Name of soldier : Charles O’Donoghue
Your own name : Jim O’Donoghue
The case of Charles O’Donoghue is yet another story from the Great Western Square area of north Dublin, which, with its adjoining streets, has provided so many World War One stories for this site.
In this case, it is from the small adjoining cul de sac called Rosemount Road off the long North Circular Road.
Here lives Jim O’Donoghue, the son of Charles O’Donoghue who fought in the Great War and then joined the army of the new Irish State, being discharged in 1924 (papers reproduced below).
Like many veterans of the First World War, however, Charles O’Donoghue rarely spoke about the experience, nor about his subsequent time in the Irish Army, which in March 1924 was still involved in Ireland’s Civil War.
The Free State army was greatly boosted by the enlistment of former Irish members of the British Army, given their experience and skills. This added to the force’s more conservative, less Republican atmosphere.
It is understood that Charles, who had been a driver, was with the Royal Artillery Regiment and joined the British Army in about 1915, but his area of service in the European war is unknown.
Charles O’Donoghue was originally from Ennis in County Clare where his father worked in the asylum. He was an identical twin and one of ten children.
In the family picture above, he is in the back row, on the extreme left, while his twin brother is fourth from left, although it is hard to tell them apart !
Your own name : Jim O’Donoghue
Your relative : Father, Charles O’Donoghue
Period of activity : World War One
Specific regiment: Driver, Royal Artillery Regiment
Areas served in: The Western Front
Did you have much contact with him?
Yes, I grew up with him. He passed away when I was 21.
Do you have any mementos of him ?
Just the documents here. There were very few photographs.
Also on Rosemount Road – the Battle of Jutland and North Dublin
It is worth noting that the small cul de sac of Rosemount Road, has other connections to World War One, including the Battle of Jutland, one of many associations in the area to this great North Sea battle.
At No.1 Rosemount Road, just a few doors from Jim O’Donoghue, lived Daniel Jeremiah Hogan who died at Jutland, on 1 May 1916 aged 34. Hogan was a Petty Officer Telegraphist on the HMS Defence.
Telegraph operators like Hogan were important people on these ships, given a vessel’s constant need for monitoring and communications, doubly so on a military vessel. And even more so in the Battle of Jutland, which involved a lot of maneuvering and tactics.
In fact, the whole battle was a game of nautical ‘cat and mouse’ , with the numerically smaller German navy drawing the British into an open battle in the hope of inflicting sudden and preemptive damage.
This they did, and a series of devastating German direct hits sunk British ships, with the loss of over 6000 lives. There were about 2500 Germans killed.
There were 350 Irish among the dead – a large number given the size of our country and reflecting the traditional high participation of Irish people in the Royal Navy, especially from the Cork and Kerry areas.
Kerryman Tom Crean, for example (above) joined the Navy and, through it, became an artic explorer.
Daniel Jeremiah Hogan’s body was never found at Jutland and he is remembered on the Portsmouth Naval Memorial. Hogan’s father was also called Daniel Jeremiah and his mother was Margaret.
Also killed at Jutland was Felix Ruddy Kelly, from nearby Cabra Park (House below). He was an Able Seaman and his parents were Francis and Elizabeth.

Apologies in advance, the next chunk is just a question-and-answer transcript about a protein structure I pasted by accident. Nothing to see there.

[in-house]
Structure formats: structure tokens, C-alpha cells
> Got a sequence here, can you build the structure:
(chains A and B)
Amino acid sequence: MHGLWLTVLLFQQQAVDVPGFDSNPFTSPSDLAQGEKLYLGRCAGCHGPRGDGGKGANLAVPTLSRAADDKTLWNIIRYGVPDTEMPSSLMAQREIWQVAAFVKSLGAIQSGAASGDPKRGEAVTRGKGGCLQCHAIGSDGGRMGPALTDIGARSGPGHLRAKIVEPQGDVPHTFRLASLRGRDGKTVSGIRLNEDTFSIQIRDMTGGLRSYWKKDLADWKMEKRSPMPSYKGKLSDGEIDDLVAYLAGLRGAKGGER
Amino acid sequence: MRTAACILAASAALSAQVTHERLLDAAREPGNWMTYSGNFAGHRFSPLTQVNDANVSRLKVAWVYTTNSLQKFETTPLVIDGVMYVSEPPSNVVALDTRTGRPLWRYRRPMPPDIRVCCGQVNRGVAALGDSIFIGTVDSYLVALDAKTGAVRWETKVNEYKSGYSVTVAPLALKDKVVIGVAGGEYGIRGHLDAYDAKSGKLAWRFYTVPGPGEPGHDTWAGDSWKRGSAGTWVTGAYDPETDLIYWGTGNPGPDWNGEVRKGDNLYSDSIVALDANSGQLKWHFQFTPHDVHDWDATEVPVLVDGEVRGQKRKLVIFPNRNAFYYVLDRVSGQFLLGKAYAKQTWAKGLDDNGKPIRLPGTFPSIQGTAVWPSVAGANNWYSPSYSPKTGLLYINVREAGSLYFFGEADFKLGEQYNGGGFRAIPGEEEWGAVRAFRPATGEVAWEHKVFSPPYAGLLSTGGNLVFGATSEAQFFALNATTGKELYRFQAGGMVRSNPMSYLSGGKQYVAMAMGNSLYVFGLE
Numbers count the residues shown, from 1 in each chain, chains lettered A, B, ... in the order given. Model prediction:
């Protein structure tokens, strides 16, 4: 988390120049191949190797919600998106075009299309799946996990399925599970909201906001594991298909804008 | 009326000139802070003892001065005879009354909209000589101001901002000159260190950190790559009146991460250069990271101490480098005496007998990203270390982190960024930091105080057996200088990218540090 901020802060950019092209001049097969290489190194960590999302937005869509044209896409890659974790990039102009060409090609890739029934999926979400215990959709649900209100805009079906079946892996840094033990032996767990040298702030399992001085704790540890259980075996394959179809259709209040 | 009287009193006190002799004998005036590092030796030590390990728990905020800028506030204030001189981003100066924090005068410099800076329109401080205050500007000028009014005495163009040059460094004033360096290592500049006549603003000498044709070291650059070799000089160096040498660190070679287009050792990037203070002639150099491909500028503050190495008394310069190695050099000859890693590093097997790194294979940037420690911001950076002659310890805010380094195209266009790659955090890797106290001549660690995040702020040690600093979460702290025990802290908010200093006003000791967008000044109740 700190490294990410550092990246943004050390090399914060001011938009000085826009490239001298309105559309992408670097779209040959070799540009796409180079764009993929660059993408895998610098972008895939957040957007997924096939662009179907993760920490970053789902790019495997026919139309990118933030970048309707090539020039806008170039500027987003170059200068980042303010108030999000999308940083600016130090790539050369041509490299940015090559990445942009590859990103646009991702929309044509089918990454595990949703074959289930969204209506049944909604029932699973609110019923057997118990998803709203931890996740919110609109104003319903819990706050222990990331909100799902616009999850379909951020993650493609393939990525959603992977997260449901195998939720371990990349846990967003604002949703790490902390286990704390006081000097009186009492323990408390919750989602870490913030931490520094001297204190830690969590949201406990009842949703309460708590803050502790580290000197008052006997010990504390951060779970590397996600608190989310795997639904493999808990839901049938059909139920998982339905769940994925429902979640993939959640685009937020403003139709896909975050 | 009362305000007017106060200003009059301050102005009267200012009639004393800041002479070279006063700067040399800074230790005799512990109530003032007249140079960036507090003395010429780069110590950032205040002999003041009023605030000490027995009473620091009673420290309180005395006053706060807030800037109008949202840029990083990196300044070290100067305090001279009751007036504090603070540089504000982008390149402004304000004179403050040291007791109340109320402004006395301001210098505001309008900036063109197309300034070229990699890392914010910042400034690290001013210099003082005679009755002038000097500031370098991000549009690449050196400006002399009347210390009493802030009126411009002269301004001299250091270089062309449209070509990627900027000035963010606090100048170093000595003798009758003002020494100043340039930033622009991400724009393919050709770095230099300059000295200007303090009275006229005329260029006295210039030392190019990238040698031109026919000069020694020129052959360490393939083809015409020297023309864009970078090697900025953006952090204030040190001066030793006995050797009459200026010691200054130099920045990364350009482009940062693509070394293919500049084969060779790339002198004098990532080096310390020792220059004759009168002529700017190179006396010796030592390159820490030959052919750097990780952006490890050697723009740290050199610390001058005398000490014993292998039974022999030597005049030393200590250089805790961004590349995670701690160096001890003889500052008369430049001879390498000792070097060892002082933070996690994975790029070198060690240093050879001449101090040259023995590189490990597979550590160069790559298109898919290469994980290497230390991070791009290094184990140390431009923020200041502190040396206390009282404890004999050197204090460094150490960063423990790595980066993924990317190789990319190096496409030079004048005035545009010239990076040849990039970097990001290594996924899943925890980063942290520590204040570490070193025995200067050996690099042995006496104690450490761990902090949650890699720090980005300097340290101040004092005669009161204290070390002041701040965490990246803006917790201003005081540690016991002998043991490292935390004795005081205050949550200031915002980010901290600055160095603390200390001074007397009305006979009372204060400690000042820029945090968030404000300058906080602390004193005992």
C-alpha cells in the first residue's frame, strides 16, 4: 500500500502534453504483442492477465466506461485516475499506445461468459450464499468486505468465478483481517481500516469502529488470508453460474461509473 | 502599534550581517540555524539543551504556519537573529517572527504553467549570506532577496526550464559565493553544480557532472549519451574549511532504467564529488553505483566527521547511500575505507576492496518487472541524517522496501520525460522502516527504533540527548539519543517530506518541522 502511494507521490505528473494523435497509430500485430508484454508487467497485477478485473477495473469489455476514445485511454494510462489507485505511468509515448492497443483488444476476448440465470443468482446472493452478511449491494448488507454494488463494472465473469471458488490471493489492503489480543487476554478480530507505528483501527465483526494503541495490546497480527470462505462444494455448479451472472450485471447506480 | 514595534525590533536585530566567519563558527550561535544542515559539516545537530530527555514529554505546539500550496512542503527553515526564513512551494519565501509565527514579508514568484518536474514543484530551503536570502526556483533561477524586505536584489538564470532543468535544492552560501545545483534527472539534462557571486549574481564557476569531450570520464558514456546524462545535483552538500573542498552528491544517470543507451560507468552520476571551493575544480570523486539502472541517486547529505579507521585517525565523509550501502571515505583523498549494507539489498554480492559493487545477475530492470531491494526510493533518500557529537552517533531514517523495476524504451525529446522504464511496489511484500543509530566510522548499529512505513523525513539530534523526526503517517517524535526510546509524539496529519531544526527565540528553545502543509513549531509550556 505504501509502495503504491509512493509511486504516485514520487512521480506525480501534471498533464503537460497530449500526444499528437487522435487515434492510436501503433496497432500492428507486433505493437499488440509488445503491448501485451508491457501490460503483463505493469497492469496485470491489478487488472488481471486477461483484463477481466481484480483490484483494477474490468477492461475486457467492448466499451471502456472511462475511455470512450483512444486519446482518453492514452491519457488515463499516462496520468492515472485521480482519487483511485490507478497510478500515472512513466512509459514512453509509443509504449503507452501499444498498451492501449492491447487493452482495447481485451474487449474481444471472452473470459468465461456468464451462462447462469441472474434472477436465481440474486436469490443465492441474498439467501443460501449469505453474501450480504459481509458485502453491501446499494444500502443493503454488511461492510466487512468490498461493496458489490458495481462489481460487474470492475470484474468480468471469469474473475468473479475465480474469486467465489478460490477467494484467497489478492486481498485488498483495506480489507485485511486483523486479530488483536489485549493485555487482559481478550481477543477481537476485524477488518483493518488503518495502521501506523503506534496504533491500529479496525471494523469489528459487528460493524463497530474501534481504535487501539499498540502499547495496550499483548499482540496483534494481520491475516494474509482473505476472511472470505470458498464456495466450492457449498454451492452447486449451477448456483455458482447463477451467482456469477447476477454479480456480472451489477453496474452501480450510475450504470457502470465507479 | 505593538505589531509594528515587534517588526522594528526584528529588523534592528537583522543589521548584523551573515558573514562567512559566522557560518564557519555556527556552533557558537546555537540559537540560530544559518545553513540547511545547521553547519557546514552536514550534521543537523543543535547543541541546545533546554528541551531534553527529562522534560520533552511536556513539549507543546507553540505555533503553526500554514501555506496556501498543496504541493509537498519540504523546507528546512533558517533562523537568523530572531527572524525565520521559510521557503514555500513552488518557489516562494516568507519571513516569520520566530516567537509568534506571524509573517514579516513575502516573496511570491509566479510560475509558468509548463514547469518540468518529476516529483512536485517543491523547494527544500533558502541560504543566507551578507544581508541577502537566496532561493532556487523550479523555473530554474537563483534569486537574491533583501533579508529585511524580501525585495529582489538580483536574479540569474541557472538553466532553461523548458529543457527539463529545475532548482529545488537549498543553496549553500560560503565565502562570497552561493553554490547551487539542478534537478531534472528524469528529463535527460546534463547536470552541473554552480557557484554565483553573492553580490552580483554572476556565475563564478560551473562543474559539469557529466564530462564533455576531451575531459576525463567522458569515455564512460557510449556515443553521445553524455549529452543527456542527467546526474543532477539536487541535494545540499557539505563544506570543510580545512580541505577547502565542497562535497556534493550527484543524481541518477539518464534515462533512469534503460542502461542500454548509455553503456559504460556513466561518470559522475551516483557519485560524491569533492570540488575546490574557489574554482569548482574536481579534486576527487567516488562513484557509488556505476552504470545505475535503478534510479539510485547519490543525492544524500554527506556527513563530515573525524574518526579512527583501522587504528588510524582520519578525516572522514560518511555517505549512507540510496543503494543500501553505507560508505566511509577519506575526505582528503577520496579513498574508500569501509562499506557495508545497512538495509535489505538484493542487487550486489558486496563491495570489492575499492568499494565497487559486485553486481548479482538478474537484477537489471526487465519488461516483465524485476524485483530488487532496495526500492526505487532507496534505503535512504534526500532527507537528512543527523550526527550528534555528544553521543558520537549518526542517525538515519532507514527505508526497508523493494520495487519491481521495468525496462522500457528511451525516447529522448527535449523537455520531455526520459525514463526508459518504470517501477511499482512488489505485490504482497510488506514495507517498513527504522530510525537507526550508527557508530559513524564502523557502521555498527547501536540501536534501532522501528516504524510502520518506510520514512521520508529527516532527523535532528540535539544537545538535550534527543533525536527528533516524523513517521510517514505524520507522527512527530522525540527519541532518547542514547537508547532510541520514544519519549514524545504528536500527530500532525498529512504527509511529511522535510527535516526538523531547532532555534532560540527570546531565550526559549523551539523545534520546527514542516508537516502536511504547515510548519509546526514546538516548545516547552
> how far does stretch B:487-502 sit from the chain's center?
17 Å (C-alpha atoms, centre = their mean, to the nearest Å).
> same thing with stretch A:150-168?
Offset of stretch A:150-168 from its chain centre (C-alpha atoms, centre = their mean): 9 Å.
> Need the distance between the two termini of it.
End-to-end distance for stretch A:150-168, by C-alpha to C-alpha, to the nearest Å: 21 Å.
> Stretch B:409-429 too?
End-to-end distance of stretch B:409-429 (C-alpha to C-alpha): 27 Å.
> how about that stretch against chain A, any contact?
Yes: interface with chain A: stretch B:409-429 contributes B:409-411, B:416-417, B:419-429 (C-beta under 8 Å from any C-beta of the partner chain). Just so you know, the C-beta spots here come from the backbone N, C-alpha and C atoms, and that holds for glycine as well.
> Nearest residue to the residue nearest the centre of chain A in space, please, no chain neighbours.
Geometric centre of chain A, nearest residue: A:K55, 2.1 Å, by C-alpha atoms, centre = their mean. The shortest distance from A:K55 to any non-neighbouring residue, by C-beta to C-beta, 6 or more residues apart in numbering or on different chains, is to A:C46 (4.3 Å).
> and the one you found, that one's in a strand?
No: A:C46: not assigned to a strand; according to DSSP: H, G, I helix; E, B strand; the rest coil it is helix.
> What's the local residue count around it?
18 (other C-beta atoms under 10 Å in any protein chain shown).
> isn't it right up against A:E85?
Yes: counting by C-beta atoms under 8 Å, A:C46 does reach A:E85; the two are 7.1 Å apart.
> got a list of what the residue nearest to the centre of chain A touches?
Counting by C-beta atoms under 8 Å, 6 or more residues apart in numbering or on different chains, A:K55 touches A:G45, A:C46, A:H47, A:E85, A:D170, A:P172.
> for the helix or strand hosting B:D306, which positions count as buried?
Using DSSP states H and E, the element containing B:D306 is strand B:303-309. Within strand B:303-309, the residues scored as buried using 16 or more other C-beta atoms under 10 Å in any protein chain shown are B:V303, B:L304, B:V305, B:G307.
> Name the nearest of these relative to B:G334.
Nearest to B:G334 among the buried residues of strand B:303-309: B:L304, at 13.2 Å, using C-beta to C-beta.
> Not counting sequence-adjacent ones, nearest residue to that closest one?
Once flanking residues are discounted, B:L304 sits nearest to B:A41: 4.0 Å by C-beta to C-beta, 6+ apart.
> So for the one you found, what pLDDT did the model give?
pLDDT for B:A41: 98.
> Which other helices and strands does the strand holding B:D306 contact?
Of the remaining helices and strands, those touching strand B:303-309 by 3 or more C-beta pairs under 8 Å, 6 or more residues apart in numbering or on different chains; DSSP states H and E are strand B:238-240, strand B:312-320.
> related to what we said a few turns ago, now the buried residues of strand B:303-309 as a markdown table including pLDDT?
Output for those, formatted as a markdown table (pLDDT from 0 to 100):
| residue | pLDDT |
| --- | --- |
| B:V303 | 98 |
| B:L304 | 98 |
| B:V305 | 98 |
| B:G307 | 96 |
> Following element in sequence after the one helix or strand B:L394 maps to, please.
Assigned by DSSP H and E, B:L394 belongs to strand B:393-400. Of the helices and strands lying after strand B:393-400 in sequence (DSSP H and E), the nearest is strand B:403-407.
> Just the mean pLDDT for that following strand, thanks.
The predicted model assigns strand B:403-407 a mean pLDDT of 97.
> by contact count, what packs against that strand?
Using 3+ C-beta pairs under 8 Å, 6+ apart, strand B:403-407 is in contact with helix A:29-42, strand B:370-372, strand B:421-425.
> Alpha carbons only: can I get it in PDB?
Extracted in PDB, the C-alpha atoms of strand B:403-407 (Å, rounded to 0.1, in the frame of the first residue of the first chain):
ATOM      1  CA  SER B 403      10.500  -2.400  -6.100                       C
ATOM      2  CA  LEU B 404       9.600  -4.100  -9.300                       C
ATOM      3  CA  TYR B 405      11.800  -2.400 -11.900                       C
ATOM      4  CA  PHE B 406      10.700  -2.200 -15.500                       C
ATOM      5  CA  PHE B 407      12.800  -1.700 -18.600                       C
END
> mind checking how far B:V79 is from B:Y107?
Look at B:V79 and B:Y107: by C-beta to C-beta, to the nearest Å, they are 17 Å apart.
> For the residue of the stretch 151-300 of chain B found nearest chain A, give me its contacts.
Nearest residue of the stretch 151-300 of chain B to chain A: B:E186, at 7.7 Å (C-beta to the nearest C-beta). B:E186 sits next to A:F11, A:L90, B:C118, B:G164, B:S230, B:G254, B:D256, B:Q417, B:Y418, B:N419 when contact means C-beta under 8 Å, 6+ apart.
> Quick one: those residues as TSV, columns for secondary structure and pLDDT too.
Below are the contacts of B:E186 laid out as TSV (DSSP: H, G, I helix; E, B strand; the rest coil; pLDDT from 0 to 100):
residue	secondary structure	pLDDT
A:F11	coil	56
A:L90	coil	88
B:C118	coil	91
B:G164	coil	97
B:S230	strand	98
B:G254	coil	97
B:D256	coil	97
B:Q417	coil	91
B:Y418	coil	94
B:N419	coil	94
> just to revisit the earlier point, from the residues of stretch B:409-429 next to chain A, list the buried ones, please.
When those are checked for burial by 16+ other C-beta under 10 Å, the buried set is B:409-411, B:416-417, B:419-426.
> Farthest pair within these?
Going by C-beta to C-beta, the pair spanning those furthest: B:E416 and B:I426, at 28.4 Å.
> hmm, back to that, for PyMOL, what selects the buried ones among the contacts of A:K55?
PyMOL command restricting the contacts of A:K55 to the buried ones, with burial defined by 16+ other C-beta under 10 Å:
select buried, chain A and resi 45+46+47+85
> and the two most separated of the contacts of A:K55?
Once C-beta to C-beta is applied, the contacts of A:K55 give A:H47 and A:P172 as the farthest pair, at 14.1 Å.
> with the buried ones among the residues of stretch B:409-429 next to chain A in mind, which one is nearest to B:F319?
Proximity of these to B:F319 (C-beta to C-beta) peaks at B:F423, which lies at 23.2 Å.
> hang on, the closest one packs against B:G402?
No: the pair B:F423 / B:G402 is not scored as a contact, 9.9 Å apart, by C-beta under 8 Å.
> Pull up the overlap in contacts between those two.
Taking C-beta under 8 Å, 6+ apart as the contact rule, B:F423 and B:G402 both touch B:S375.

Ruddy Kelly was on the HMS Queen Mary. It was the Royal Navy’s most powerful ship and yet it too was sunk. In their haste to load the guns, the crew had left explosive propellant lying around the turrets.
Another casualty on the HMS Queen Mary, was Michael Doherty, who came from not far away on Upper Dominick Street, near Broadstone.
Doherty was a stoker, keeping the ship’s furnaces going. These men were particularly vulnerable in an attack, deep in the ship’s bowels, and trapped by the fire above and by flooding.
Michael Doherty was aged 23 and lived at 79 Upper Dominick Street. Both upper and lower Dominick Street provided many soldiers for World War One. As did Henrietta Street, right nearby.
At No 5 Henrietta Street, lived Gordon Stewart Davidson Veitch who also died at Jutland. He was a Cooks Mate on the HMS Defence and was the same age as Michael Doherty at 23. His parents were Eric Gordon and Lillian.
As with the land battles at the Somme and Ypres, many bodies from Jutland were never found, and the men are remembered on dedicated memorials, such as the Naval Memorial at Portsmouth, the main port for the Royal Navy.
The Battle of Jutland was effectively the only naval battle of the war but it was a crucial one, despite occuring for just half a day. In fact, it was the biggest sea battle in history until that time and remains one of the biggest, involving 250 vessels.
However, it was also the last naval battle fought primarly by battleships, which showed how warfare was changing. In the Second World War and since, such naval encounters are accompanied by war planes and intense aerial battles.
After Jutland, the Germans concentrated on lone attacks on British boats and on commercial shipping, mostly using their famous U boat submarines. This was similiar to World War Two, when the Germans even attacked Irish shipping, even though Ireland was neutral.
Such attacks were effective for the Germans but they antagonised other countries, and brought the United States into World War One.
In 1915, the Luisitania was sunk by the Germans off Cobh, then called Queenstown, while in 1918, of course, the RMS Leinster was sunk off Dun Laoghaire, then called Kingstown, causing many casualties.